The Minnesota Grizzly Bear

Roaring about life since 2009

‘cash for failing businesses,’ redux

You’d think that the best move for an entity straddled with as much debt as the United States would be to develop financial responsiblity, watch its spending habits,  and cut back on unnecessary expenditures. 

Enter the world of Obama:

Lennar (LEN), the Miami-based homebuilder that has been gushing red ink since its misguided bets on house prices went bad three years ago, on Thursday posted its first quarterly profit since 2007

But don’t congratulate Miller. The entire profit — and then some — came straight from taxpayers’ pockets.

The real driver of Lennar’s rebound, as the company acknowledged Thursday, was a $353 million tax gain that stems from a bit of congressional largesse in November.

Handsome government handout for homebuilders

Pumping money into these failing companies whether through straight-up bailouts or tax rebates is the last thing we should be doing.  It is rewarding them for their failure and irresponsibility and unfairly distorting the free market in potentially destructive ways.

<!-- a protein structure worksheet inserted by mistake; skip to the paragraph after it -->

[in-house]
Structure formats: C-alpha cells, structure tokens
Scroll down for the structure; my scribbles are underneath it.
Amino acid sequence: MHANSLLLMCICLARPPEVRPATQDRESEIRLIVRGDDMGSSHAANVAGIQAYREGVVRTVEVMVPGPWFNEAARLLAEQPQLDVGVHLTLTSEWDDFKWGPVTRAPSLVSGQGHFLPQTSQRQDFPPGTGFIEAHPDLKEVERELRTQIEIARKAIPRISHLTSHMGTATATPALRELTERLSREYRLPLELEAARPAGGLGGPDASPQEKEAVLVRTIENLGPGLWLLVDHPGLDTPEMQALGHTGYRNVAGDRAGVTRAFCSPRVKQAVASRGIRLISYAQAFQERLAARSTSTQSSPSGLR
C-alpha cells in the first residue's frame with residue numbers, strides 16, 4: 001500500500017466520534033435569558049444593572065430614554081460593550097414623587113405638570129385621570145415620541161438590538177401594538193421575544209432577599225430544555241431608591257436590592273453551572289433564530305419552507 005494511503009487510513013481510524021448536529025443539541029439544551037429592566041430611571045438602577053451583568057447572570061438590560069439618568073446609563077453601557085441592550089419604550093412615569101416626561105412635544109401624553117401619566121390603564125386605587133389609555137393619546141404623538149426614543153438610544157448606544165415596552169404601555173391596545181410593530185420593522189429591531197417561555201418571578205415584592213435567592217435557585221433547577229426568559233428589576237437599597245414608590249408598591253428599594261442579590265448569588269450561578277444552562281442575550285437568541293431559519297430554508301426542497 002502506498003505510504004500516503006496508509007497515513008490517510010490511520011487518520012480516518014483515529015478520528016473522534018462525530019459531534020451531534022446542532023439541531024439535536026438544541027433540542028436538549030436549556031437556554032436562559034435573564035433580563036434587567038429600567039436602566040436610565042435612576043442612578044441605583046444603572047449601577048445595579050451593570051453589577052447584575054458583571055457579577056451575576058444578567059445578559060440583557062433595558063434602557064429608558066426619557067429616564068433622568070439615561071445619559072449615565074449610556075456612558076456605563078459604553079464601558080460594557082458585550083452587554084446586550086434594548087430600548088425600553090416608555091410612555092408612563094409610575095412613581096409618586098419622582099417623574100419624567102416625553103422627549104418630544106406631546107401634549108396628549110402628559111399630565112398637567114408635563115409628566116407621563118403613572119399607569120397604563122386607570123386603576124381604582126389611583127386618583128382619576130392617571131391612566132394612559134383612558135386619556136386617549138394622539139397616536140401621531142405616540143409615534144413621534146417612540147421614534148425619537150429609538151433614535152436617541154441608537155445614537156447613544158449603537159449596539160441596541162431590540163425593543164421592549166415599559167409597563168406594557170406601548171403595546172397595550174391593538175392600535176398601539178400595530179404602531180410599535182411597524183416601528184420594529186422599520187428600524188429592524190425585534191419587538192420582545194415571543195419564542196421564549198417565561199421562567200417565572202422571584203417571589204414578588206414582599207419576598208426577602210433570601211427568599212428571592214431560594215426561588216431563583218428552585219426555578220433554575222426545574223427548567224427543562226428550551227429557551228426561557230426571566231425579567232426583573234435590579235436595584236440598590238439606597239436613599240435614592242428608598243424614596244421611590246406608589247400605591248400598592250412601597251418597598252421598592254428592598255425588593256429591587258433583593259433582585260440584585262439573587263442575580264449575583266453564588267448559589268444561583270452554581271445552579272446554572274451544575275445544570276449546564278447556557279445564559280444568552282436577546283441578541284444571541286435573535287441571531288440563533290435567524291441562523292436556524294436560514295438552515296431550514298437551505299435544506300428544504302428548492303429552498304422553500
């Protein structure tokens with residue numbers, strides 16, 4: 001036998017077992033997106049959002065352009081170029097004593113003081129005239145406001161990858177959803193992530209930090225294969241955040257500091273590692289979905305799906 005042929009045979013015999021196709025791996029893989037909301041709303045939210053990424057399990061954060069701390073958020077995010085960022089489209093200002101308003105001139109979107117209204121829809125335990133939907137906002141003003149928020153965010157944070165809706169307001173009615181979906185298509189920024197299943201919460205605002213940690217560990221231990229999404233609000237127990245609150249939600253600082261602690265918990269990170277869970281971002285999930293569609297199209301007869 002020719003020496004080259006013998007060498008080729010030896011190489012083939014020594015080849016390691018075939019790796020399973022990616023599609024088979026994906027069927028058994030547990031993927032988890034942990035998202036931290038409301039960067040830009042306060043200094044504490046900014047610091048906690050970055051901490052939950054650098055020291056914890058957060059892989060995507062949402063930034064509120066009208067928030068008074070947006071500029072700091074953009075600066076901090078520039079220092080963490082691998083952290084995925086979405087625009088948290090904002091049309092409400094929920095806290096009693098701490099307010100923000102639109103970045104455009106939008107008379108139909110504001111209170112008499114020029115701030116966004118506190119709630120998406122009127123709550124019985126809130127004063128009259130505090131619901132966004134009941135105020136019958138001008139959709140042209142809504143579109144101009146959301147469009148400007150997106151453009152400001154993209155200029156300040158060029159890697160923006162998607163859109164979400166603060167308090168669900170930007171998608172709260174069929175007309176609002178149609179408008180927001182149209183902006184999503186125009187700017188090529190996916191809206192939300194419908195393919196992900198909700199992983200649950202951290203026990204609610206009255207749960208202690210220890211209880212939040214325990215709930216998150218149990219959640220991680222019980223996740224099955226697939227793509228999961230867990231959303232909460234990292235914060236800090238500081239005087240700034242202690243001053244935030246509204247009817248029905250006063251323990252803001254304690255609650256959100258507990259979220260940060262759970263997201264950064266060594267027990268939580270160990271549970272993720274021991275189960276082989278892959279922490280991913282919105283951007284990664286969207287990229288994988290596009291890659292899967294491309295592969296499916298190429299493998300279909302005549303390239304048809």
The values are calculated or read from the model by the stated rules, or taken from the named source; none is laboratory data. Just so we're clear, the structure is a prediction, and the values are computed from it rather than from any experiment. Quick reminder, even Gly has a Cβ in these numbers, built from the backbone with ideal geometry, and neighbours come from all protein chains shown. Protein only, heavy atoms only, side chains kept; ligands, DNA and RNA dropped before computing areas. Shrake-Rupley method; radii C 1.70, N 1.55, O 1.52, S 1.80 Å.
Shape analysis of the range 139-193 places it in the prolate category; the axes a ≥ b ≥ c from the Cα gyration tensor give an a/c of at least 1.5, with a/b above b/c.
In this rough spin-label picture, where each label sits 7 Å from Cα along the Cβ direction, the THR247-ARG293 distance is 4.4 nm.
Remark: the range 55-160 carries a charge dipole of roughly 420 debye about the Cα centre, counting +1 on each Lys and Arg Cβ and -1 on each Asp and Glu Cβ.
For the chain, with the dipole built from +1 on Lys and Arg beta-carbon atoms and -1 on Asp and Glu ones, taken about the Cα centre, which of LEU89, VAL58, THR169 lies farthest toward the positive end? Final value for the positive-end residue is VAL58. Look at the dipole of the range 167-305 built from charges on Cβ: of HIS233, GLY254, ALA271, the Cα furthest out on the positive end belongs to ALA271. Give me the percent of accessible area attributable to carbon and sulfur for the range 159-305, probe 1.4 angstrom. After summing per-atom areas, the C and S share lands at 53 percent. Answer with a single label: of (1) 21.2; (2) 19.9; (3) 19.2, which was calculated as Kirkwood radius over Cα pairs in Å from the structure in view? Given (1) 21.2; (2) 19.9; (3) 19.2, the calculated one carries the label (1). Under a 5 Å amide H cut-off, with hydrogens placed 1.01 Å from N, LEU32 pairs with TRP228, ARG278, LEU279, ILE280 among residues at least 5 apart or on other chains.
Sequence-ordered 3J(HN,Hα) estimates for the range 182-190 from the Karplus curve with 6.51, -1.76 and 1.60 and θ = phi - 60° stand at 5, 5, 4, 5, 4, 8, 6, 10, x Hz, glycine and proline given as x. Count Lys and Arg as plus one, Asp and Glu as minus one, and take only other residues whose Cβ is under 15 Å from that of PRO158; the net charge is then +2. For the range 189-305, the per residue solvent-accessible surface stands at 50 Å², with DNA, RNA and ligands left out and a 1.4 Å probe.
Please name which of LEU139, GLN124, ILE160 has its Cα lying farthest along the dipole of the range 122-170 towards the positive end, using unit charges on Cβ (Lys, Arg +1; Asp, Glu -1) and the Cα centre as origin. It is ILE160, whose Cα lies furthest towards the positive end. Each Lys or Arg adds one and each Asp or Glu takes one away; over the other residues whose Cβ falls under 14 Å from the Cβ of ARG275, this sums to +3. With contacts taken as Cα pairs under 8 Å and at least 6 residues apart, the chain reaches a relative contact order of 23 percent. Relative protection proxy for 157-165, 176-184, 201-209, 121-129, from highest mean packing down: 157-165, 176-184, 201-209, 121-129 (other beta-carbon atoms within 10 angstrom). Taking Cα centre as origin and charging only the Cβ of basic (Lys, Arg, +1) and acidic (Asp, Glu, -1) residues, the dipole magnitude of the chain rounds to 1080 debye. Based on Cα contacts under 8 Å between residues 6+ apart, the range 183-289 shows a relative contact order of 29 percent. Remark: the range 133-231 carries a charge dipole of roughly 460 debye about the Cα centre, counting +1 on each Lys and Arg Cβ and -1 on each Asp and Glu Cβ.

I can see theoretically why the Dems think this is a good idea;  just like in every debate there are at least two sides or points of view.  The thing is in this case, the Democrats and all the other Keynesian economists are simply wrong when it comes to their beliefs in government intervention in the economy and the markets, for so many reasons that it just staggers the mind. 

Have it good,



January 7, 2010 - Posted by | Uncategorized | , , ,


  1. Agreed, the logic of flooding money into a failed enterprise to create a temporary job makes no sense.

    Comment by slamdunk | January 7, 2010 | Reply

  2. I know, I just don’t get it. When I was in high school I actually tried to argue with my Economics teacher about Keynes and he just shut down into hilarious knee-jerk responses which amounted to basically “because I said so.”

    So if government intervention can grow the economy, why not let the government tax us 100% in order to spend 100% on the economy? How prosperous would we be then, sounds pretty ridiculous doesn’t it?


    Comment by Minnesota Grizzly Bear | January 7, 2010 | Reply

  3. You know what I think when I see this? It’s making my wish to invest in rental houses more costly. It’s also making it more difficult for families to afford housing. If the market wasn’t being propped up like this, prices would lower much more and reach a point where people would start buying again.

    But they want their cake and eat it too. They want high prices and buyers too.

    It really doesn’t make sense.

    Comment by Mr. Anon | January 9, 2010 | Reply

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